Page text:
I have to admit I still haven’t used FaceTime myself (iPhone4 are still rare in this part of the world), but I already heard first person experiences of it.
Steve May’s impression of FaceTime. Thank god he put it on the Internet eventually.
I really liked Stuart Henshall’s post series on FaceTime, especially the first post where he thoroughly reviews FaceTime. He explains what it is (“Skype on my iPhone”), what it feels like (“less disconcerting than expected”), and more.
What first comes to mind reading Stuart is that he himself, in a very pro-FaceTime post, is baffled by what exactly will be the use of FaceTime. You can’t really “hold the position” to have a face-to-face call – it may work for short calls, you might be able to pull it off using a stand, but the same problems we (that is everyone but the US) known about for a few years now are present here just the same.
And then, of course, there’s the WiFi issue. And if not, there’s the cost per minute. And don’t forget it requires some “guidelines” in order to work. Especially verifying that the callee has an iPhone4, can make a FaceTime call and is able to sit/stand still and maintain eye contact.
Sure, it’s a big thing that you don’t have to download anything or set anything up, but I can do the same with 3G video calling for a few years now, and no one’s really using it. In his last installment Stuart himself admits it:
If you got a new iPhone you will remember your first and perhaps only FaceTime call over Wifi… [as] it misses out on all the things you could be doing with it and/or giving you an experience of what a video cam in your pocket might mean.
And that is the bottom line. People asked me, following my own posts on FaceTime, why am I so disappointed with it. I think that the reason is that I expected a lot from Apple, and the result is very disappointing.
Video on mobile is not new (although it is in America). It never really caught on. Skype, on the other hand, has done a great job on our desktops. They are now claiming 34% of their calls are video. But as most of us spend most of our time next to a PC, Skype makes perfect sense. FaceTime doesn’t.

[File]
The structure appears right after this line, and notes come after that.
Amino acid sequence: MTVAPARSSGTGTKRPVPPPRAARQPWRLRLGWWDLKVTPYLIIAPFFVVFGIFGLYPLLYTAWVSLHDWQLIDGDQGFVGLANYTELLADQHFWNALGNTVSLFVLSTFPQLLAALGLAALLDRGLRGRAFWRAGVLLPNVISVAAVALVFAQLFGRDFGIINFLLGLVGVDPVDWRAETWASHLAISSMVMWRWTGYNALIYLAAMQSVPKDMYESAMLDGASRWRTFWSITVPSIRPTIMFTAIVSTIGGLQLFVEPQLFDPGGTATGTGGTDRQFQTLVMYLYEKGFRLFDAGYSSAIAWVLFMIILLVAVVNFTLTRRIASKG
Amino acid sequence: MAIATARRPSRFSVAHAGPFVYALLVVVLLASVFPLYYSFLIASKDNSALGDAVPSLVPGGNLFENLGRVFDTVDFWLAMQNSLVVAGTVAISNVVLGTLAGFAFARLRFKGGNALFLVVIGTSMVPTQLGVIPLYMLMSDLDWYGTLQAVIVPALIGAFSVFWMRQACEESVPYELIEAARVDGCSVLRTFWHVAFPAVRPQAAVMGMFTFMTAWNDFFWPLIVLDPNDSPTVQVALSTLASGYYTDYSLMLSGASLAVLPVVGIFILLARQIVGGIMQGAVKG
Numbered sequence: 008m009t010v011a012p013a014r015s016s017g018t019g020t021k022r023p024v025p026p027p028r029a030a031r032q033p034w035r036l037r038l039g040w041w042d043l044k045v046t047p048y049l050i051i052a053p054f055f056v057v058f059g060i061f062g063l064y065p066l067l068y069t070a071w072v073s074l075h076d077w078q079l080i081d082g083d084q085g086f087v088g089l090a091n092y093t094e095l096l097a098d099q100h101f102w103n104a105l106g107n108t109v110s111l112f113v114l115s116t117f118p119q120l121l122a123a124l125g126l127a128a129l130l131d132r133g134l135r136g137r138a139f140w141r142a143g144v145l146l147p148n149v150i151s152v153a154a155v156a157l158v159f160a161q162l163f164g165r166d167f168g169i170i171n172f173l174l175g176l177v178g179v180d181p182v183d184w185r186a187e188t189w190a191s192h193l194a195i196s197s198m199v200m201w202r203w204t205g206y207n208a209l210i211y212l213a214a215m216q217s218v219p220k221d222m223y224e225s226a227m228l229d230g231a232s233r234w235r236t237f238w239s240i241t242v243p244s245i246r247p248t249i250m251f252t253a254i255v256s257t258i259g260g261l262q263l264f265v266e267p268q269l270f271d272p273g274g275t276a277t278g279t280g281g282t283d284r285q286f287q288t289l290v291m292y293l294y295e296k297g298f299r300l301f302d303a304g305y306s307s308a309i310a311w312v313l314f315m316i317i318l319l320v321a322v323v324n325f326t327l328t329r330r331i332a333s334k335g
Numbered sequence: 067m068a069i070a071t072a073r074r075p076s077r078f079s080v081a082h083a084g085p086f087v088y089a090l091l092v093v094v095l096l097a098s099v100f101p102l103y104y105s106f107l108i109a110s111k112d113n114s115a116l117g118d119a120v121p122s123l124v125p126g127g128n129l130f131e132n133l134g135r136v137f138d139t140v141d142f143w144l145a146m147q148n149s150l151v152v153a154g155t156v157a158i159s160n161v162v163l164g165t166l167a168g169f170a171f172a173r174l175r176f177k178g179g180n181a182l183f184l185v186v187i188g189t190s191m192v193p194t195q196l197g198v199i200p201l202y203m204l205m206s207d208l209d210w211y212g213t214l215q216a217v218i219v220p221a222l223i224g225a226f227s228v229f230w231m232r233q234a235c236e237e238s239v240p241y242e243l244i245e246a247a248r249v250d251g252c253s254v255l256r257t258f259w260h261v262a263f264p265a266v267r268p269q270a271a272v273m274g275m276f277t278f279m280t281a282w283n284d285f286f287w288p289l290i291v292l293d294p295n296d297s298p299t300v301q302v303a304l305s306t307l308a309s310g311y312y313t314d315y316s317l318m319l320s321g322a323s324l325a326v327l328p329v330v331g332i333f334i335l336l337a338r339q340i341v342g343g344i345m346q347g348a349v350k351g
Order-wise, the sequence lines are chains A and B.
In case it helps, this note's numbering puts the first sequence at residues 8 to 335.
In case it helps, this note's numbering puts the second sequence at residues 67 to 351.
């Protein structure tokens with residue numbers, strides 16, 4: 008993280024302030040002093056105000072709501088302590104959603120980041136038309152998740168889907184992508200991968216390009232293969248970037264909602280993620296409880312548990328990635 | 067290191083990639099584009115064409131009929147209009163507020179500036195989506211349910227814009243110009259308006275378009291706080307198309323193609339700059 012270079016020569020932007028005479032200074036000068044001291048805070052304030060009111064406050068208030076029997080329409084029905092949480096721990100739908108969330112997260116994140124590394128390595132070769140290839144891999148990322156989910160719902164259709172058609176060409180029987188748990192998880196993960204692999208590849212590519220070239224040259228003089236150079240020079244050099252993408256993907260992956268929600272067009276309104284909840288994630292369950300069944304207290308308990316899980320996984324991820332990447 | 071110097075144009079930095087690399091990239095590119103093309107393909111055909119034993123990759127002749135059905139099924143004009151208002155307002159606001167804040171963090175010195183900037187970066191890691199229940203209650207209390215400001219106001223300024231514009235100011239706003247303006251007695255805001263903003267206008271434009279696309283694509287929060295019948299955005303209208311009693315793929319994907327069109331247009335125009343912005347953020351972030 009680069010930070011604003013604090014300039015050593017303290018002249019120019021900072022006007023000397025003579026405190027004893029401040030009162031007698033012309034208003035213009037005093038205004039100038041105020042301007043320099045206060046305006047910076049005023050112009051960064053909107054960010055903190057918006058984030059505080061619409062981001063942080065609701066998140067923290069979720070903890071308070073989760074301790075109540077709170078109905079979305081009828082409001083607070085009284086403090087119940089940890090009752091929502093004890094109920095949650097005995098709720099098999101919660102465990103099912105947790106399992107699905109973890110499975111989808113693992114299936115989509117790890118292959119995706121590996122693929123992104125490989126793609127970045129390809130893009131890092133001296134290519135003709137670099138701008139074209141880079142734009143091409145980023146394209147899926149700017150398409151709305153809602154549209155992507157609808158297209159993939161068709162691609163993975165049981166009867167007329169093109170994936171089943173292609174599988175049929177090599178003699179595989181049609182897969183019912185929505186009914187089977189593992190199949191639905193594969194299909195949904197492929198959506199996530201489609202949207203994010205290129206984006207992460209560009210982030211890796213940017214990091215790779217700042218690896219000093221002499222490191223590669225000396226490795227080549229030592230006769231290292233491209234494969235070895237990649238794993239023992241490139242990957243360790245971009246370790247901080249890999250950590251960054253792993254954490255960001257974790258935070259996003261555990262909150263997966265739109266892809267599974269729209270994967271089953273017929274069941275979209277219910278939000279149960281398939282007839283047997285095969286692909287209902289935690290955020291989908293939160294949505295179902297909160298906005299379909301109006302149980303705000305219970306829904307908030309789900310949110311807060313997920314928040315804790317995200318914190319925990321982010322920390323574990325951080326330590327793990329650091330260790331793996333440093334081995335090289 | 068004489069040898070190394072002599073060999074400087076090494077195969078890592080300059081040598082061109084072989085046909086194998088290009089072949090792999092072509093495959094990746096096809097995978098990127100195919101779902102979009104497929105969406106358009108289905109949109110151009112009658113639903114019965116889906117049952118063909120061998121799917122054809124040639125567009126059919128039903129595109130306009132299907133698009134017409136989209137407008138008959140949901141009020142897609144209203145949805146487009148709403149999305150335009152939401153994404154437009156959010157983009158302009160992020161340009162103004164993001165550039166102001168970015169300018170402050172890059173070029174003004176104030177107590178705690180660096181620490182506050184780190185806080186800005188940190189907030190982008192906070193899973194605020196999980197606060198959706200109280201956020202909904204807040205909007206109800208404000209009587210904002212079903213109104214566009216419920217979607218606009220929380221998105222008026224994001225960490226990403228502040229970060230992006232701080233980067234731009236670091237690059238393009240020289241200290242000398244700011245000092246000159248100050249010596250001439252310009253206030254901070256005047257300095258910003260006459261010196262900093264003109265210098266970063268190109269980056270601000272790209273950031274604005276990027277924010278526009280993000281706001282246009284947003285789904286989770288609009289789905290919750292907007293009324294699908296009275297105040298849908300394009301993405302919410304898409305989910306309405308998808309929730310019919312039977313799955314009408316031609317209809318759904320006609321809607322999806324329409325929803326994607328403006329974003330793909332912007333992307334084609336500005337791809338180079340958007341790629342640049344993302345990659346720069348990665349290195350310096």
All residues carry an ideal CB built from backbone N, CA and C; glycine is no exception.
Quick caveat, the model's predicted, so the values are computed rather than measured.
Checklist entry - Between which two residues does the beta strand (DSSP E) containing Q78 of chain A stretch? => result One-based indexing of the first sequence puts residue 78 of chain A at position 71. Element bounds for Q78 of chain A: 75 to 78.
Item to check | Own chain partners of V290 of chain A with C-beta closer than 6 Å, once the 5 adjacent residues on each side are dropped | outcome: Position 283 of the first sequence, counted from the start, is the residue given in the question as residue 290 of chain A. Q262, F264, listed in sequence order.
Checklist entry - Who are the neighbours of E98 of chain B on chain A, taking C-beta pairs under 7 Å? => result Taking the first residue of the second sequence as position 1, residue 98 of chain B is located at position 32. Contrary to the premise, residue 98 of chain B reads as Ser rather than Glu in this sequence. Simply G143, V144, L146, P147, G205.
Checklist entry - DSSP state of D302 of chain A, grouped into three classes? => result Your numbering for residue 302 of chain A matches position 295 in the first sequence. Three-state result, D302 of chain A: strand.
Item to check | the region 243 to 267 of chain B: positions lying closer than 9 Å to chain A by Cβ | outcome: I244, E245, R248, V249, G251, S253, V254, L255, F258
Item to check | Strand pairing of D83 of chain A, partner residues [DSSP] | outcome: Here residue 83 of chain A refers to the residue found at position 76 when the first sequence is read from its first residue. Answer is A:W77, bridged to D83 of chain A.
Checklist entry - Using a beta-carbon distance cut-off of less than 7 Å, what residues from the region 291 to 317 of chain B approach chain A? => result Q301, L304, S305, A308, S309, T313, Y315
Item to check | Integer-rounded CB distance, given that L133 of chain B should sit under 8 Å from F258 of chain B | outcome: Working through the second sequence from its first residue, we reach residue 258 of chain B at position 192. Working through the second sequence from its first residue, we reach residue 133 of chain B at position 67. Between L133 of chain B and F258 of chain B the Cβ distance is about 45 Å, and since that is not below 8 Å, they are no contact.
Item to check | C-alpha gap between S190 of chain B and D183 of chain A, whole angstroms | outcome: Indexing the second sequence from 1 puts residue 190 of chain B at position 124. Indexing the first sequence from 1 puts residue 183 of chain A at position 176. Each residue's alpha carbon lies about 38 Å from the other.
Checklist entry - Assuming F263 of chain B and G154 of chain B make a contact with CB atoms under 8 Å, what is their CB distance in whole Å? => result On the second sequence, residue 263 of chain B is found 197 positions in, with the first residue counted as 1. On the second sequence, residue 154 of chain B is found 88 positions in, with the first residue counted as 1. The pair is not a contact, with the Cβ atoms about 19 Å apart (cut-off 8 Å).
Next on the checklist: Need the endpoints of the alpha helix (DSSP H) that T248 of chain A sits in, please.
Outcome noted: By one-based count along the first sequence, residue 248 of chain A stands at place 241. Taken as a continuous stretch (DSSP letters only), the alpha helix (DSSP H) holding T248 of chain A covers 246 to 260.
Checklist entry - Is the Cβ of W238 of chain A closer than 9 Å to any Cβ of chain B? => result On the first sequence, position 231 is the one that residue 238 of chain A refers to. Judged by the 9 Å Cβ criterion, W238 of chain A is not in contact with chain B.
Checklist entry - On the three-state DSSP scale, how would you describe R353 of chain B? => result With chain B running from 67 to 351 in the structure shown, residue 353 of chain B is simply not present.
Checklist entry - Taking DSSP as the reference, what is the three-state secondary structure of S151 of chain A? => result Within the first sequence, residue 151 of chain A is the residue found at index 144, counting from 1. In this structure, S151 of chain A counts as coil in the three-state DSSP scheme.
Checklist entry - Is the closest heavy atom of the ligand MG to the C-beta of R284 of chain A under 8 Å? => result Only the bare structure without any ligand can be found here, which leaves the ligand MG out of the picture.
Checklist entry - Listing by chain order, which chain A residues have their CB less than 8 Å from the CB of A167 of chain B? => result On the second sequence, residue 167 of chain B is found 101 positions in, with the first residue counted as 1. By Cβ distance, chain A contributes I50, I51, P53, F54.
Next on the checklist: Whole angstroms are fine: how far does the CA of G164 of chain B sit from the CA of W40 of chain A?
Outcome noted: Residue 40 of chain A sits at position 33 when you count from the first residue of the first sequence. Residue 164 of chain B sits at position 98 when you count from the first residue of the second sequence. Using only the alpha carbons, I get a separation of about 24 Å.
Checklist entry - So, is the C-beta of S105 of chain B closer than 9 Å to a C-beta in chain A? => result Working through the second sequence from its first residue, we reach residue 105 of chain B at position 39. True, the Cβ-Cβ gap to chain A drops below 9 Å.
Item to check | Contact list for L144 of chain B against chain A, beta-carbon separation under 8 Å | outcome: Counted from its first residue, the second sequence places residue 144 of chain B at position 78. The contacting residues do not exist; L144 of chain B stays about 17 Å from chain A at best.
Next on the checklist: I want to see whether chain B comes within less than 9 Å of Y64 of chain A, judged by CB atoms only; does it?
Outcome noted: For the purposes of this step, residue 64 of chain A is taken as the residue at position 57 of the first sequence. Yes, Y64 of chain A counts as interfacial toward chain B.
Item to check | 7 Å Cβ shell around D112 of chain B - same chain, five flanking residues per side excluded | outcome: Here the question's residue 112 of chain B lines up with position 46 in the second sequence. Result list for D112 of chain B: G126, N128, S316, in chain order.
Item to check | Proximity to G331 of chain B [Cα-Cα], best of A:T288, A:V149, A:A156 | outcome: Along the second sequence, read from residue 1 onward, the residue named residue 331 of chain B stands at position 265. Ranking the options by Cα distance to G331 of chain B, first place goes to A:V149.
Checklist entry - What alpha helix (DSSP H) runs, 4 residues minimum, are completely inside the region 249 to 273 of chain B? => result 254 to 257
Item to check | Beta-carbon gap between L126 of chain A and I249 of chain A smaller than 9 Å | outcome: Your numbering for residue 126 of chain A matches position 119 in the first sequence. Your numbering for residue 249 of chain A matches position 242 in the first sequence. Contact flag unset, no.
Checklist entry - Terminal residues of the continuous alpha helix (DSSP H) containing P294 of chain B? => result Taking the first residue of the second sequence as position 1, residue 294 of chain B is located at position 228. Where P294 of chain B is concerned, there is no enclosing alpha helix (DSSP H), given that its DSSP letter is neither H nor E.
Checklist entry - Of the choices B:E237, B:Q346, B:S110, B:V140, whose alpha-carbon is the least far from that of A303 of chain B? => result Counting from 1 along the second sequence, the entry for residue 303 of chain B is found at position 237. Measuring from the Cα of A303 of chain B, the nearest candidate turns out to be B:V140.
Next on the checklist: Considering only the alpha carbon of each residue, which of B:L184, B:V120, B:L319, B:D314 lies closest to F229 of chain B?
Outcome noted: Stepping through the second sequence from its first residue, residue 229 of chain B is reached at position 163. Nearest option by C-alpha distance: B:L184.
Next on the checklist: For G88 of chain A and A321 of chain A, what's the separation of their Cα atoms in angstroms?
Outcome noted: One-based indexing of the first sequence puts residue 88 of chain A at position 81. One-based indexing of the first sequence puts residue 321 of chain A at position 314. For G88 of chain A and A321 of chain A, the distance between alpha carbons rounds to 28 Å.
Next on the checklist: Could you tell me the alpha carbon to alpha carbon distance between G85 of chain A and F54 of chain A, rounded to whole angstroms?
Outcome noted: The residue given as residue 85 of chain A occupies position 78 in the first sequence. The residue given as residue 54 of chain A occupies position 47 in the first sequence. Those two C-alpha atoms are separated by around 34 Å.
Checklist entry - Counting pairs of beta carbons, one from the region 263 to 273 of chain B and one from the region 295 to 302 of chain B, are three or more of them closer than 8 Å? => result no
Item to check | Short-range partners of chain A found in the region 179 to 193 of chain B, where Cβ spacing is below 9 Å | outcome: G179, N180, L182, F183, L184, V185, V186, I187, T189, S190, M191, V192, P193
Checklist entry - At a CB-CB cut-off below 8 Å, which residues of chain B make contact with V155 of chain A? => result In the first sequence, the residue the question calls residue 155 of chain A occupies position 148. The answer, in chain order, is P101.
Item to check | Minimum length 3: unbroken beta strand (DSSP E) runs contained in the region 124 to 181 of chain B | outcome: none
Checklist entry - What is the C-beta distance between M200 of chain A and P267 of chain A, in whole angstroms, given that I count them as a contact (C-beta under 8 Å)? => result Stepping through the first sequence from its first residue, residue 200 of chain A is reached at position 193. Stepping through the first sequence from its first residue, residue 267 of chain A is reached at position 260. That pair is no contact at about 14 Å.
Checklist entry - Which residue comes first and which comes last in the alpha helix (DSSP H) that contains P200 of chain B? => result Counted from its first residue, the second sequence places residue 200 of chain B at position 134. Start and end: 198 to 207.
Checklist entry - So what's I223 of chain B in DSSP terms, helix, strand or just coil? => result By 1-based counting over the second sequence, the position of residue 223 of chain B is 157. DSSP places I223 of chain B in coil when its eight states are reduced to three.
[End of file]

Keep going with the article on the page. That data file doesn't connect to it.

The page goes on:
And to make it all worse, Apple’s FaceTime is closed and not interoperable. As Ajit Jaokar from TalkStandards explains, despite their use of a wide range of open and industry standards, collectively FaceTime is the total opposite – just iPhone4-over-WiFi to iPhone4-over-Wifi, a very closed system, and “this totally goes against the principles of network effects and interoperability”.
The “future” plans for iPhone to iPad, iPhone to iChat, iPhone to iYouNameIt are really just speculations, and should be taken as a grain of salt. Knowing Apple opening up is not their top priority. And if FaceTime remains closed, even if it is available on all Apple devices, then with all due respect this will not grow the visual communications market as expected.
There are ways for Apple to improve FaceTime. And FaceTime may very well change in the upcoming years. But unless Steve Jobs and the great minds at Apple start to think differently, and understand that when it comes to communications closed systems don’t really succeed, I suspect that for many the first FaceTime call will indeed be the last one.